Such a step may prove to be counterproductive and to benefit mostly smugglers. On the contrary, the government should take the bold step to impose a thirty percent duty on the export of iron ore, cocoa and coffee, rutile and bauxite, yes fish products, etc.

What a real bonanza that would bring. Just think about it.


  1. Measures the New Direction government should adopt to stabilize the value of the LEONE are:

    1. Increase taxes on exports such as minerals mined in the country. 2) Remove or reduce taxes on agricultural produce. 3) Central Bank to be the only institution to deal with foreign exchange. 4) Close all outreach foreign exchange bureaux across the country. 5) Reduce the employment of heavy earners. 6) Control foreign visits by some high-placed government officials.

    Allow ambassadors to do the work in their respective locations across the globe. Let’s try these in the remaining 3 years and 8 months, maybe, “betteh go Kam”.

  2. I live and work in Tanzania. The Tanzania shilling recently took a hit. Despite the Tourism season which brings in Millions of Dollars and other foreign currency to Tanzania, the value of the shilling went down. An investigation by the Tanzania Central Government found out that all the foreign currency accrued where being smuggled out of the country.

    The government mitigated this malaise by putting a temporary ban on all Foreign Exchange Bureaux. Only Banks and approved Bureaux at the Airport where licensed to conduct foreign exchange business. The result is that the shilling has gained strength again.

    The Tanzania government knew that thousand of jobs were affected. Now a new policy has been rolled out to make sure that the people running these Bureaux do not get involved in anything that would help smugglers. Prior to this crisis, Tanzania did not have people on the street trading Black Market foreign Bureau and yet they were plagued by smugglers.

    Now to Sierra Leone and other West African countries. It is a daunting task to control and monitor the flow of foreign currency in and out of the country. The reason is that we encourage open black market trading. Recently, the Government of Sierra Leone released over $28M dollars to ease the lack of foreign exchange for business people.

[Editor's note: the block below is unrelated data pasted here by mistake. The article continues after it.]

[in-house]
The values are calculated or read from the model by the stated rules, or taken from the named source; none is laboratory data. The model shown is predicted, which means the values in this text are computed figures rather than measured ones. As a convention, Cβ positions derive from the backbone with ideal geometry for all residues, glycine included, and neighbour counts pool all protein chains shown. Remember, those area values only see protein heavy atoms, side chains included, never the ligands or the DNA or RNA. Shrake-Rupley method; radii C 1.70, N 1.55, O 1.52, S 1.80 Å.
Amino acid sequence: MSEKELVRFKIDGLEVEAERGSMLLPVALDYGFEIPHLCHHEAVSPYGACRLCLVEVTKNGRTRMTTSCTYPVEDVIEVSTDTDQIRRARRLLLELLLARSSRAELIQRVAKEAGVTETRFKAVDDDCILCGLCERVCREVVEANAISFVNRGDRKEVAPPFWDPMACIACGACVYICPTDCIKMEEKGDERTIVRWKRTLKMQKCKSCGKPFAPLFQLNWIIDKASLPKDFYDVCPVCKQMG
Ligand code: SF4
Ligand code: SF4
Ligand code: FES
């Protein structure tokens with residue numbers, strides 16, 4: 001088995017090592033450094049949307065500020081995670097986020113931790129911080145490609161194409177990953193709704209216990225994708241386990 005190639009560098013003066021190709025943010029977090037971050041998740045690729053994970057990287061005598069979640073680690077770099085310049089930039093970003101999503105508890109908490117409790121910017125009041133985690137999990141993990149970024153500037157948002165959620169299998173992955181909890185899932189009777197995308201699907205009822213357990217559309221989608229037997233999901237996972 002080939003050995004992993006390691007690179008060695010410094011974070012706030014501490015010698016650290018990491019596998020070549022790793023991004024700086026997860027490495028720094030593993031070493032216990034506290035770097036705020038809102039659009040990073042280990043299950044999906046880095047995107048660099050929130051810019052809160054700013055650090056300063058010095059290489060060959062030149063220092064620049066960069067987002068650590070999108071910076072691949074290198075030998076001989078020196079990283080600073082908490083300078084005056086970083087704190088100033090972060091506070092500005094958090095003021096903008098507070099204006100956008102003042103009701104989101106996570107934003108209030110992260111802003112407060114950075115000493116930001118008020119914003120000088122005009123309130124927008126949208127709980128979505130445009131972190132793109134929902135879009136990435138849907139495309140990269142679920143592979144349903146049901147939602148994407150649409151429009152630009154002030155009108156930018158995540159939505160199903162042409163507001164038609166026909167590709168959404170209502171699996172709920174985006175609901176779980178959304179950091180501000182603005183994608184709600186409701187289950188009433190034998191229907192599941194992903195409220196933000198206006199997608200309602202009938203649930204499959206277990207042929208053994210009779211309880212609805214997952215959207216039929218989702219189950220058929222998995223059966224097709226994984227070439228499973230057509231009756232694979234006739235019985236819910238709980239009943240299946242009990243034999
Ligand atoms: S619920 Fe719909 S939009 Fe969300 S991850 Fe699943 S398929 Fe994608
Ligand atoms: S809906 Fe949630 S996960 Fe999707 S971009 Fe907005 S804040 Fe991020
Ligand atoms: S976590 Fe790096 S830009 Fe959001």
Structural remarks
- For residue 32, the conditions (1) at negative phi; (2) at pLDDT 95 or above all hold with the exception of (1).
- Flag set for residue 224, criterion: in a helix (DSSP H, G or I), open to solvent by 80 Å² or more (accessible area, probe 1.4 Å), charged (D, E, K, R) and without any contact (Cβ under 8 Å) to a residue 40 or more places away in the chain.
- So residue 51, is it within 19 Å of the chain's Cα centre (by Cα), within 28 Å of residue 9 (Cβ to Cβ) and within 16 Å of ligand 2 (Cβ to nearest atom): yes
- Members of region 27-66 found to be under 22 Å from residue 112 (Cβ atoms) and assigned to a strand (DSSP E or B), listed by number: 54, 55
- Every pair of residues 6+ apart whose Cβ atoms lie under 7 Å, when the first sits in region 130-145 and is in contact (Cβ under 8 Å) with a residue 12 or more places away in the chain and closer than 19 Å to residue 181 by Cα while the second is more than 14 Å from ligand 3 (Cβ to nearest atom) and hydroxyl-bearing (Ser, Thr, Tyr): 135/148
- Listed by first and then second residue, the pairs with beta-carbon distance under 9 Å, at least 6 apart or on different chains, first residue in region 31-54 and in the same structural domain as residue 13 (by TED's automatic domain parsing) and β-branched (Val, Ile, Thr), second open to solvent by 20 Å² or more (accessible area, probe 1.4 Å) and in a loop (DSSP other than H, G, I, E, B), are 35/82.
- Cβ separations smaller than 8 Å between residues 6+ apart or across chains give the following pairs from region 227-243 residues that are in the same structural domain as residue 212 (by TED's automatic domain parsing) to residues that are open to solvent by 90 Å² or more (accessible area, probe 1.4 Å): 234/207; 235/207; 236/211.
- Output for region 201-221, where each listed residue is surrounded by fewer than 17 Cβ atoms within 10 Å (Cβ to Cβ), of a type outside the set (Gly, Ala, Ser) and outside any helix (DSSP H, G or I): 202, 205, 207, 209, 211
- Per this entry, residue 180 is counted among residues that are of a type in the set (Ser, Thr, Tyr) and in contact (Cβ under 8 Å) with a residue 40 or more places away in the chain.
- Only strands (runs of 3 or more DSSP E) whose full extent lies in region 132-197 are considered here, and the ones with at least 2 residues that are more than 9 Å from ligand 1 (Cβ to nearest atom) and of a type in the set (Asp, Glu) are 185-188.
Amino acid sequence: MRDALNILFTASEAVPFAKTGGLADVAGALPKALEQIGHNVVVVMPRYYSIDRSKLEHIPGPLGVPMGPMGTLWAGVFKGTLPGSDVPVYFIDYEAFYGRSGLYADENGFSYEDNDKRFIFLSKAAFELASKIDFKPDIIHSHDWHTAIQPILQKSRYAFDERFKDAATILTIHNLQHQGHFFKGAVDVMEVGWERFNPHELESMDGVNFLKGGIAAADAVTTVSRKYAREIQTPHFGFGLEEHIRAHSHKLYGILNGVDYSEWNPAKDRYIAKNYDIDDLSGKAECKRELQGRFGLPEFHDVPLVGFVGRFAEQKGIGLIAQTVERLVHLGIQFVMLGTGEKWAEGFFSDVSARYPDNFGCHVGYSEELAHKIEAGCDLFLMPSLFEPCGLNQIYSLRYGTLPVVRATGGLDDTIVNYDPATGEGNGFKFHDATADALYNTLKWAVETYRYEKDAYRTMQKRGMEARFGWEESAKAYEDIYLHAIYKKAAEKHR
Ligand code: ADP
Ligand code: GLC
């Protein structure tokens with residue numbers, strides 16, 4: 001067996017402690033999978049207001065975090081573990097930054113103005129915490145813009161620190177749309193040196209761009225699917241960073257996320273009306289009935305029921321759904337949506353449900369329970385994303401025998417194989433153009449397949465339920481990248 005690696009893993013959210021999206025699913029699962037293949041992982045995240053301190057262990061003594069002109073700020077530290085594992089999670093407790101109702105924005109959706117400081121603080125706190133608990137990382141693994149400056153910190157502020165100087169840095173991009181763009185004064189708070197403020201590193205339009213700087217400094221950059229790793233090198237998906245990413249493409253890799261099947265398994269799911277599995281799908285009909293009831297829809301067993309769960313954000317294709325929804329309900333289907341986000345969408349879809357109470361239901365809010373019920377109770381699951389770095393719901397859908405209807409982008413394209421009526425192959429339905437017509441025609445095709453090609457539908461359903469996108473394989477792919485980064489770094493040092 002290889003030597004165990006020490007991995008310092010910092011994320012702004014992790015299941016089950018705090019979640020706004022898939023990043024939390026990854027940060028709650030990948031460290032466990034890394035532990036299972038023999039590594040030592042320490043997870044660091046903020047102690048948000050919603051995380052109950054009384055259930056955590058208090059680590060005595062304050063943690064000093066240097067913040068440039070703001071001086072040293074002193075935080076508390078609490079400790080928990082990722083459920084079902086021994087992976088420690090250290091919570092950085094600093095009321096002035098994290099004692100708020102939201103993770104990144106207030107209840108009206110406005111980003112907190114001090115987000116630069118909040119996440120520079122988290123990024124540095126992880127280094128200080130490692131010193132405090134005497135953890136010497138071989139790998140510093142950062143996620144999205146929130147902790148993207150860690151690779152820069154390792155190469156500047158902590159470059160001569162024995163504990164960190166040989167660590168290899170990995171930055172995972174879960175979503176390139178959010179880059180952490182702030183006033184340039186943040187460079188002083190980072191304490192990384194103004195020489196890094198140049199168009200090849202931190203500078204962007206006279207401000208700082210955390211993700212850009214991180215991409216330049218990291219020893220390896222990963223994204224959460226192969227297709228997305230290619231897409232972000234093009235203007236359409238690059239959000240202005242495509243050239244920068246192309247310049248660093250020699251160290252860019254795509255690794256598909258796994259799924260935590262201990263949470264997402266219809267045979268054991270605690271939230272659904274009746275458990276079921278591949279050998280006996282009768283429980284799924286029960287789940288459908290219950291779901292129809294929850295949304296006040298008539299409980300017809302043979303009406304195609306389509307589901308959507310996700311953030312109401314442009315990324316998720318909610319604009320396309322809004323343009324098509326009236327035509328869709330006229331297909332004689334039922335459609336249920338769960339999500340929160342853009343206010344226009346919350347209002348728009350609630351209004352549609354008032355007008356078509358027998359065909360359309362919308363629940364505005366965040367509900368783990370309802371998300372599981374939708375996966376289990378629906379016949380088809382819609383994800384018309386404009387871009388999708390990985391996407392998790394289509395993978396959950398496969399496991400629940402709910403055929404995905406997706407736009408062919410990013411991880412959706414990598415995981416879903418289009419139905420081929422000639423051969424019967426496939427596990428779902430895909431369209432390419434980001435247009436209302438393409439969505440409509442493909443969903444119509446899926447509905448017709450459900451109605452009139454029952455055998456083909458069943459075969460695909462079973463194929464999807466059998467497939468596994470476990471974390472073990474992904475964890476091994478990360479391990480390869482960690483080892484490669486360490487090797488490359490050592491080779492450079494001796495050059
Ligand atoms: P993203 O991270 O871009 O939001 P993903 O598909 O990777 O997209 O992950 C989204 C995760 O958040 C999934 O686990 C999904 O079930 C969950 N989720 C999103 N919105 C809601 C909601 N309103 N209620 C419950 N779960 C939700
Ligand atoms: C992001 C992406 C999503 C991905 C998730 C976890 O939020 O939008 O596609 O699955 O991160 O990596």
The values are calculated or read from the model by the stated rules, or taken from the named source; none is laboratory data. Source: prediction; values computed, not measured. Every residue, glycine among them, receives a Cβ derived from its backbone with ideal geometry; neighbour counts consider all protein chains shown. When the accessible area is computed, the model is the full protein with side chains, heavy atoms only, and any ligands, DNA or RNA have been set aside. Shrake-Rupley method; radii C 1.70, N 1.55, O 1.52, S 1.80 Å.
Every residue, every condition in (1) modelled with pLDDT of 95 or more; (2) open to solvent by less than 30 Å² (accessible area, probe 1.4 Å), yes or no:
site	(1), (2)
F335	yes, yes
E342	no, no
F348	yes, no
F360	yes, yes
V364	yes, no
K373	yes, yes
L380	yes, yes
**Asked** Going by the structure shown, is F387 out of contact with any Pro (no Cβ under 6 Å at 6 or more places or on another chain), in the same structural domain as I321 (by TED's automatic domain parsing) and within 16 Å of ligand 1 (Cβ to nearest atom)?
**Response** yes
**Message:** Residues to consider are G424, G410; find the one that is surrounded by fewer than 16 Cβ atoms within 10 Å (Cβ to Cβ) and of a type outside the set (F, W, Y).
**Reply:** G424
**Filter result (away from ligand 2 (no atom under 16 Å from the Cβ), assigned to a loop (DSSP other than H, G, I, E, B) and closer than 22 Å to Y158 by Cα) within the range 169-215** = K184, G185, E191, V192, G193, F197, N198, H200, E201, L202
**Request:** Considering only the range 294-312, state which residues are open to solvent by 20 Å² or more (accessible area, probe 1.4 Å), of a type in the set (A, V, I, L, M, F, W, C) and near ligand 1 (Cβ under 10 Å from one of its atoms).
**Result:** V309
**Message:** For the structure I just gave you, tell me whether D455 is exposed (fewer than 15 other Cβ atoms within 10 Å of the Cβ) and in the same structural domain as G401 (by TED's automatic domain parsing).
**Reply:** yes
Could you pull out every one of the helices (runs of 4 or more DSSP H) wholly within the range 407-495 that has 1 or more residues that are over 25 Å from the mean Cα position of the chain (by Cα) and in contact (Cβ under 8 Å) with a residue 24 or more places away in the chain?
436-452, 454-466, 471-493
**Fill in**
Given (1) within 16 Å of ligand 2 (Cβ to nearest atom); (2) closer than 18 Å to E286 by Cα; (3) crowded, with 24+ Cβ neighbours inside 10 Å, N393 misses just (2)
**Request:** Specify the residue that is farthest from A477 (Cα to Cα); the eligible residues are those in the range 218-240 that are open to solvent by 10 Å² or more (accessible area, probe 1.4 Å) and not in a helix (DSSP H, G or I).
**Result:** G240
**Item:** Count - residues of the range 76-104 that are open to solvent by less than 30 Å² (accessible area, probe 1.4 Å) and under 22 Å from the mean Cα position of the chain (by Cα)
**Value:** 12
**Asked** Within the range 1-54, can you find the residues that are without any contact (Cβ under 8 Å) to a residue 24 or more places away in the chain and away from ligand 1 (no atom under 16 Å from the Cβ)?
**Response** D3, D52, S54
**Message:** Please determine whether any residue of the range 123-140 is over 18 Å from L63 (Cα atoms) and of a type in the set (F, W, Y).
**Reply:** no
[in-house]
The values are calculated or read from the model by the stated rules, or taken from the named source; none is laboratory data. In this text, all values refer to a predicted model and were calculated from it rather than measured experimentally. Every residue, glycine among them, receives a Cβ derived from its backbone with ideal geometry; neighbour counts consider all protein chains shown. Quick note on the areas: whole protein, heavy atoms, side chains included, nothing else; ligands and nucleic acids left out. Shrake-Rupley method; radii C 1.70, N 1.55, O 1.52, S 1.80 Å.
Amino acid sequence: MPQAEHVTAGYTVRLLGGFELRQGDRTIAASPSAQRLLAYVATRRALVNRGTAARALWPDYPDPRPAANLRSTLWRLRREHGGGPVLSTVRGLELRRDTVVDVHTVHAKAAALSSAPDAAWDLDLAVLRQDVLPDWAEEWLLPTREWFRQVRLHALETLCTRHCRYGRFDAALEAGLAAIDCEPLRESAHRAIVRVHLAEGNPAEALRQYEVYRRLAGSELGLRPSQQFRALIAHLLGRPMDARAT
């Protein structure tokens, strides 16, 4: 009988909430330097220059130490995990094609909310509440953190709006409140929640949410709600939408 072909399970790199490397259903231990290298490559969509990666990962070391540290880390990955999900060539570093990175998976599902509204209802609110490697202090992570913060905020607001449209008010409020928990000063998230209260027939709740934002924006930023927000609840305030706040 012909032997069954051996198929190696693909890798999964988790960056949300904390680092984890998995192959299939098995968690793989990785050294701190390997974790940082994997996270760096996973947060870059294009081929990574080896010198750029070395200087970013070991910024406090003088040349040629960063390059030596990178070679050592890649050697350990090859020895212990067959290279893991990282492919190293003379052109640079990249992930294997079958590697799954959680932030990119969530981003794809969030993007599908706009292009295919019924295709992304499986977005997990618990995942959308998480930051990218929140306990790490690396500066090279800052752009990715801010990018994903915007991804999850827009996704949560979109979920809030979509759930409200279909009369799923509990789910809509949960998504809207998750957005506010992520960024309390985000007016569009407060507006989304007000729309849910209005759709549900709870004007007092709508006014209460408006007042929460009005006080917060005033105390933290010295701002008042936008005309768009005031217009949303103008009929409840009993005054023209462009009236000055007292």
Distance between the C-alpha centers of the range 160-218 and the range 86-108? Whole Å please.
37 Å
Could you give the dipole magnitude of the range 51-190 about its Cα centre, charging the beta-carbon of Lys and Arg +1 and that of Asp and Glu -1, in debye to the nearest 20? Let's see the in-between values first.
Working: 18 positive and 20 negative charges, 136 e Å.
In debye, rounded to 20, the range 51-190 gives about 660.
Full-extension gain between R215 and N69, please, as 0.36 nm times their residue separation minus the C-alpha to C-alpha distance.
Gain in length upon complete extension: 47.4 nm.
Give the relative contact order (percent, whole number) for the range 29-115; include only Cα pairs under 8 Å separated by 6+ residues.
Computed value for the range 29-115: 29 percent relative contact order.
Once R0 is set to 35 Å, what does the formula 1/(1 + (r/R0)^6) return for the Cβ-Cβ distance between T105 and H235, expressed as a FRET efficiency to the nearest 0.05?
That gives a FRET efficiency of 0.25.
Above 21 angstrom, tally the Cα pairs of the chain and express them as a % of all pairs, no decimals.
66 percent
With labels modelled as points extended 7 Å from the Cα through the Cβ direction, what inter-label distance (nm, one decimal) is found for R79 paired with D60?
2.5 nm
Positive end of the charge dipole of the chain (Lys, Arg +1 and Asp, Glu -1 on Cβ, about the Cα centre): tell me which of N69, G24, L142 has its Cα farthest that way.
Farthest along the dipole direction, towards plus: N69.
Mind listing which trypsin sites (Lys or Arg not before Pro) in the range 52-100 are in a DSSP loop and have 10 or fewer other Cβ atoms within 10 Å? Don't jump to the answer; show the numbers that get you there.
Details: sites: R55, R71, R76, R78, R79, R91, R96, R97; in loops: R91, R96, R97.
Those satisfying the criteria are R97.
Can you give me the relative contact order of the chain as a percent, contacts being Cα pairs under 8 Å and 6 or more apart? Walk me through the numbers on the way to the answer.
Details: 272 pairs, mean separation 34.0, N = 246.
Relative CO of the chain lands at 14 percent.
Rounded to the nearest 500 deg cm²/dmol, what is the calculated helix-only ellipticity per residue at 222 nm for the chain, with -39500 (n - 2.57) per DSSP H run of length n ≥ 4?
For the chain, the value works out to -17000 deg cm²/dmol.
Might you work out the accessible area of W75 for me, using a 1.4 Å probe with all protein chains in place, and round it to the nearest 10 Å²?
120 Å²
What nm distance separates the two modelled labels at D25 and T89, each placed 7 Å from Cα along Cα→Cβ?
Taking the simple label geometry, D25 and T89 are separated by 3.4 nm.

In no time everything varnished into thin air. Last year, a Lebanese man was caught at the Freetown International Airport smuggling huge sums of Dollars, British Pounds and Euros out of the country in his hand luggage which he did not declare. After the initial noise, the matter died a natural death.

    What the authorities did not know was that they were closely being watched by the smugglers and economic saboteurs to see how that matter was handled. Since it was business as usual, the Smugglers and Economic Saboteurs have been having a Field day. A Sierra Leonean friend who trade Black Market foreign currency in Central Freetown in my last visit to the country, said that many people in the former government and their sympathisers have been busy buying dollars from them at higher prices. They wondered where these people are taking all these monies they are buying. But since trade is good for them and since the black market trade is a fait accompli, they care less.

    The only logical conclusion is that someone somehow in a coordinated activity have been involved in draining away from the country the little foreign currency that have been coming to the country. There are many ways to fight a regime. One effective way is economic collapse and the Bio regime is in big trouble.

    The quick term solution! As the regime in Tanzania did, put a temporary ban on all Foreign exchange Bureaux and clamp down heavily on Black Market Foreign exchange business. Only have the banks deal in this business. Yes it would put some people out of business. But if properly managed as it was done in Tanzania, the end will justify the means.

  3. We need a peaceful Nation for a better growth. May Allah “God Almighty” see us through all trials. PEACE and LOVE.

  4. I fervently believe that the Minister of Finance should immediately mobilize a rapid response team of seasoned national economists within and outside the country, to brainstorm in order to develop and implement some very aggressive economic policies and measures that will address the current economic situation in the country.